When it comes to our mental health, we could all do with a little support. Whether struggling with a specific diagnosis, or experiencing more transient feelings that are having a negative impact on your life, it’s crucial to find healthy ways to copes. New website Head Talks aims to support mental wellbeing by providing a safe online space where you can create your own personal playlists of inspirational talks aimed to inform, inspire and empower. Acknowledging that we are all unique and find our inspiration and sense of wellbeing from many different sources, so Head Talks allows you to create your own personalised toolbox to maintain a healthy balance.
The website was founded by Oliver Chittenden, who has had issues with his own mental health. Recognising that it can be hard to seek out help, and that people still face stigma when they do so, he wanted to create a digital platform that ‘gathered together content in an inspiring and accessible way for people to learn about the many practical things we can do to feel better about ourselves and be better version of ourselves. In fact the premise was that this was for everyone, not just for those that struggle.’
There’s a lot of variety in terms of content – talks, videos, podcasts, and things to read – which was important to Oliver. He recognises that the ‘one size fits all’ approach simply does not work. ‘We have to go on a journey, try things out, learn and be inspired to add resources for our wellbeing especially today with so many pressures’, he says. ‘We need to adapt with the times.’ The toolbox function at Head Talks allows you to create your own playlists tailored to your ‘Head Talk’ journey, and these can also be shared. You can also look at alternative therapies and ideas, allowing you to support your mental health in ways that work for you.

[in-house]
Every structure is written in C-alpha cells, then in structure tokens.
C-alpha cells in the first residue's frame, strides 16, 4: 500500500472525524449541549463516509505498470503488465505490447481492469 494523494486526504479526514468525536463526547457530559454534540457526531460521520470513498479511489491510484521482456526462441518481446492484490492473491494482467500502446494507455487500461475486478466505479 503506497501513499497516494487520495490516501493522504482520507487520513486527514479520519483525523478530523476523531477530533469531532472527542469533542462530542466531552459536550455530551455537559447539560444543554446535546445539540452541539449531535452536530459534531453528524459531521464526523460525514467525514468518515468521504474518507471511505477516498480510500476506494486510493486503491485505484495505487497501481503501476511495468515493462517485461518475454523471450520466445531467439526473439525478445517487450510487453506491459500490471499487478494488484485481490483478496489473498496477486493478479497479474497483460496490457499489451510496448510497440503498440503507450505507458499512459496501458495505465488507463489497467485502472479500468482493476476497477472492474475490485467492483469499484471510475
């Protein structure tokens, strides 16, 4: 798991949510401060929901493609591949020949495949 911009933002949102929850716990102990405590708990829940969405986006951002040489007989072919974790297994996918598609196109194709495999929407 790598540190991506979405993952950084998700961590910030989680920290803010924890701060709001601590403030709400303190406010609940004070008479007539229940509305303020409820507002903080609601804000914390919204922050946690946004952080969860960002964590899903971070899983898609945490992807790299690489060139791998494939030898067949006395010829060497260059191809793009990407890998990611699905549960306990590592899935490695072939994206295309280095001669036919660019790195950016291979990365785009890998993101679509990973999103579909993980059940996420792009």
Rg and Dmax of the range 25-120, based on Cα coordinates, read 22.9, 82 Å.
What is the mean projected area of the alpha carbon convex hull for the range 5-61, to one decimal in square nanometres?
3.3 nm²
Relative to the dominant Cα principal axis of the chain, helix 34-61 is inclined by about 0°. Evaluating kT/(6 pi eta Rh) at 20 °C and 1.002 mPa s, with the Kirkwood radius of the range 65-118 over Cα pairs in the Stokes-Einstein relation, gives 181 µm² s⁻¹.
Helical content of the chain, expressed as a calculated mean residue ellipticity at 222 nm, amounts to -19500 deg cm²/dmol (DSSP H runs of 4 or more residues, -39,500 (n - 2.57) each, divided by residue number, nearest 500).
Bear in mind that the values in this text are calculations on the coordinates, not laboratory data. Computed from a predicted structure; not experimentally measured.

It’s an accessible space for people to come to share experiences and speak honestly. Oliver was keen to avoid an overly academic or medical tone, which can be overwhelming for people. One of the main benefits is feeling part of a community. ‘People feel like they are in a room with a therapist or someone talking honestly about a lived experience of mental health. Loneliness in our society is rife – with Head Talks you can feel less lonely especially if you are in crisis or struggling.’
Of course, sometimes more professional medical help is needed. Oliver doesn’t pretend to have all the the answers. ‘Head Talks is informative and hopefully will act as a springboard towards someone taking action based on having heard a podcast or watched a ‘Head Talk’. If in crisis, one should always go to their GP and share their problems, which, in 10 minutes is challenging, but it is a start.’ But with the challenges of mental health funding an overstretched NHS, there certainly is a place for sites such as HeadTalks. ‘These types of initiatives that are free of bureaucracy are vital,’ says Oliver. ‘It is a place to feel part of a wider community and feel less lonely when times are tough.’